Batteryless Flashlight: A Must In Your Car During Winter
Every time I reach into my car’s glove box and look for something my hand brushes my trusty flashlight. This flashlight is so trusty because it operates without batteries. I know I can always rely on it for this very reason which makes it the perfect thing for me, and indeed anyone, to have in their car. It is all the more important to have in your car in a place like Canada where our winters mean 14 hours of darkness every night and it gets very cold. A flashlight that you can leave in your car could be oh so important to signal a passerby on a dark road if you get stuck somewhere at night.
“How does it work without any batteries?” you ask. Well, as the name ‘Shaker’ implies it requires you to vigorously shake it and it uses a linear generator which is a sliding ‘rare earth magnet’ moves back and forth through a a spool of copper wire as you shake it. A current is induced in the loops of wire by a process known as Faraday’s law of induction each time the magnet slides through them. This current is used to charge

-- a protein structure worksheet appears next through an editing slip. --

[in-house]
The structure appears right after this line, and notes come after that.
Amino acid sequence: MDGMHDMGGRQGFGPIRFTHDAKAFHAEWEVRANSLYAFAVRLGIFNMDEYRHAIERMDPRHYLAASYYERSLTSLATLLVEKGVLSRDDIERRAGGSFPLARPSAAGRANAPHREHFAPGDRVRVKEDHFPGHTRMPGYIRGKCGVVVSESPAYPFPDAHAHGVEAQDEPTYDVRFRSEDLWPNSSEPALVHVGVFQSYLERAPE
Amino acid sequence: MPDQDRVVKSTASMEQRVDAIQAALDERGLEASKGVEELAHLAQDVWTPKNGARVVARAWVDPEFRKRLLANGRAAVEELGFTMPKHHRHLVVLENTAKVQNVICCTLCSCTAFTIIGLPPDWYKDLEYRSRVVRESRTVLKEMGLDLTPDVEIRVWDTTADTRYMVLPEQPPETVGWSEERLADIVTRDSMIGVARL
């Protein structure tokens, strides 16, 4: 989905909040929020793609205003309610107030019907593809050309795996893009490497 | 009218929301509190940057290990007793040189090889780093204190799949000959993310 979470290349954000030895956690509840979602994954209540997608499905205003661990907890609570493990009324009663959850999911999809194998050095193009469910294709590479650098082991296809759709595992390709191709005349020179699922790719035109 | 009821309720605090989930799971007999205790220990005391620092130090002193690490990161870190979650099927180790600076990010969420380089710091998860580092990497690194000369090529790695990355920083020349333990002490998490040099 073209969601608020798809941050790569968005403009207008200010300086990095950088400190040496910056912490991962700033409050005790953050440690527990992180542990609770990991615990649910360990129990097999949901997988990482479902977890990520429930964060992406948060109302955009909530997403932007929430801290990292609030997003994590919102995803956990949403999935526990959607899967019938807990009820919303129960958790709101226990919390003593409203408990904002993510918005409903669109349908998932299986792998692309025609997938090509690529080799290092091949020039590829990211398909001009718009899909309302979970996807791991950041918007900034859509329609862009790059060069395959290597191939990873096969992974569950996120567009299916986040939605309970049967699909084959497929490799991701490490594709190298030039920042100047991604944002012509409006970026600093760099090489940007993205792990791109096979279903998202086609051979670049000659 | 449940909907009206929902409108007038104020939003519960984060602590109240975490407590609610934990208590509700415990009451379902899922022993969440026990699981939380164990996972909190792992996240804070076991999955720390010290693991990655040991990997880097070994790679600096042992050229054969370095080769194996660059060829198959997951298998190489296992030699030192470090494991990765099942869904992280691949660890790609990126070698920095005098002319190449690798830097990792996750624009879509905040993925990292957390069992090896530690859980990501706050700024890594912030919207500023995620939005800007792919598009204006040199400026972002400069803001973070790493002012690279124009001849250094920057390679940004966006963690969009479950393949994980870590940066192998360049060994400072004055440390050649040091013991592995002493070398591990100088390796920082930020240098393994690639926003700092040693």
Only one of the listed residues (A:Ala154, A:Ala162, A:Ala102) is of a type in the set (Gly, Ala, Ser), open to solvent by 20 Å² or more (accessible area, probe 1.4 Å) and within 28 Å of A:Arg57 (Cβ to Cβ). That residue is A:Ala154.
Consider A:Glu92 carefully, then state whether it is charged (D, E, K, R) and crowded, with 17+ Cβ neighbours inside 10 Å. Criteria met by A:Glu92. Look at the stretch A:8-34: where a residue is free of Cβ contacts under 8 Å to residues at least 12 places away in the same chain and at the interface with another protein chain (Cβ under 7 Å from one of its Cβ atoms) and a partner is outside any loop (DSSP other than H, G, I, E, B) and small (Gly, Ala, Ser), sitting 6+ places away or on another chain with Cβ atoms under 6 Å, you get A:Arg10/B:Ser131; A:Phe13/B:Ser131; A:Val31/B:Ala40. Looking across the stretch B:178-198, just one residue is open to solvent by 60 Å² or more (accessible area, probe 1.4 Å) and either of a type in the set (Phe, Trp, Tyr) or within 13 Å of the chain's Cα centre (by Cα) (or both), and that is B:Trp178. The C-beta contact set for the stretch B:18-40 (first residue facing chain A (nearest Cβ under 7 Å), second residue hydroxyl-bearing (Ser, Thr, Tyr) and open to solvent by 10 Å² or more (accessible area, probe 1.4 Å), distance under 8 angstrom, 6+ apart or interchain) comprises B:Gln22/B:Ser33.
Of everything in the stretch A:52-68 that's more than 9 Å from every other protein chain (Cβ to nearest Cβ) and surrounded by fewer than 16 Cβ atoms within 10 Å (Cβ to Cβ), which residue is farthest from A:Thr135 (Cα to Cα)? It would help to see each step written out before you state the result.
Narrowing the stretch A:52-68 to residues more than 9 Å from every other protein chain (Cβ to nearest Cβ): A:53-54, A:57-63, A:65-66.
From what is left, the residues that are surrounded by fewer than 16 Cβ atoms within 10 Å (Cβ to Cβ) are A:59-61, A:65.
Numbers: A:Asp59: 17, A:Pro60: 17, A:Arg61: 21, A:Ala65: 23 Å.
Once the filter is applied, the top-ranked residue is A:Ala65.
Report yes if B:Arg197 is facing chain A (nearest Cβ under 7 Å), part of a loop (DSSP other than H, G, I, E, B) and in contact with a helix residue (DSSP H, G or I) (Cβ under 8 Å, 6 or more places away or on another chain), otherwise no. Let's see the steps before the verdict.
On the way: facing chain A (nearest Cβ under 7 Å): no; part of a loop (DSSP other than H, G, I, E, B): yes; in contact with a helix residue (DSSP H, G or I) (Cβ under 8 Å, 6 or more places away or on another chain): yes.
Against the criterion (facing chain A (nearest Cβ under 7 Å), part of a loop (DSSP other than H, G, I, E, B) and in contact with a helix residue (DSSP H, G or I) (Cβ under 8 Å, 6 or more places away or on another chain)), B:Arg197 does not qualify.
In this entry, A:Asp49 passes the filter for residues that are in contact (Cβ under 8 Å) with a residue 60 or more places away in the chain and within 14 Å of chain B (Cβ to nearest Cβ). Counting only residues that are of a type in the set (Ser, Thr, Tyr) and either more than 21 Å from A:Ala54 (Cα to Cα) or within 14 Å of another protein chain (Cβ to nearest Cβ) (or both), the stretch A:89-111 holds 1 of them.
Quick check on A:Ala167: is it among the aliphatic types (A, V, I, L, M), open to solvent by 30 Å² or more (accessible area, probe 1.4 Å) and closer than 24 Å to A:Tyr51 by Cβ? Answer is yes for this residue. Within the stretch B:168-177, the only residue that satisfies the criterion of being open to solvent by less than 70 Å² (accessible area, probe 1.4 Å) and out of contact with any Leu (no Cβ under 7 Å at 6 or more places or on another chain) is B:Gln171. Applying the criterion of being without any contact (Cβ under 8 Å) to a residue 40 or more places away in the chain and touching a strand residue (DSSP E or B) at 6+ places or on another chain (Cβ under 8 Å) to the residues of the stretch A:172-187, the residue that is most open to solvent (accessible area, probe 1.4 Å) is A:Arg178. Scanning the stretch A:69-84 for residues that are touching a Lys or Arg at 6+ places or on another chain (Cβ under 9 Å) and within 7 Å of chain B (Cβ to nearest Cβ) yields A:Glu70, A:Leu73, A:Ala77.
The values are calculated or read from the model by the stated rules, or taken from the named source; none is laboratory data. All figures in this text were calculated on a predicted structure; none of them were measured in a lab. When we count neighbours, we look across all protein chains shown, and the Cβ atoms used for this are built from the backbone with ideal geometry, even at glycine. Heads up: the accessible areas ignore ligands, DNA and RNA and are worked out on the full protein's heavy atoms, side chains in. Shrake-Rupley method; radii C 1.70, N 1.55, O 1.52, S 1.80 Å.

an ultra-capacitor which takes the place of the battery. The ultra-capacitor is used instead of a standard rechargeable battery because it doesn’t wear out like a battery making it ideal for long term storage. Because the flashlight uses an LED the light also requires a lot less electricity to work than a standard light bulb. Of course it isn’t perfect as one minute’s worth of shaking only generates a couple minutes of usable light but when it’s dark and you have nothing else for light you’ll be thankful you made the investment to keep one of these guys around.
I know for certain that this is all true because I have had this flashlight in my car for years and years and barely have ever had any use for it, thankfully. More often than not someone will come across it when looking for tissues or something in my glove box, try it out, tell me it’s broken or out of batteries and I’ll have to explain to them by example how it works. That’s actually how I ended up thinking about it to write this post today.
Do you have something like this in your car or house in case of a power outage or something of the like? What do you keep in your car – just in case – for the winter time?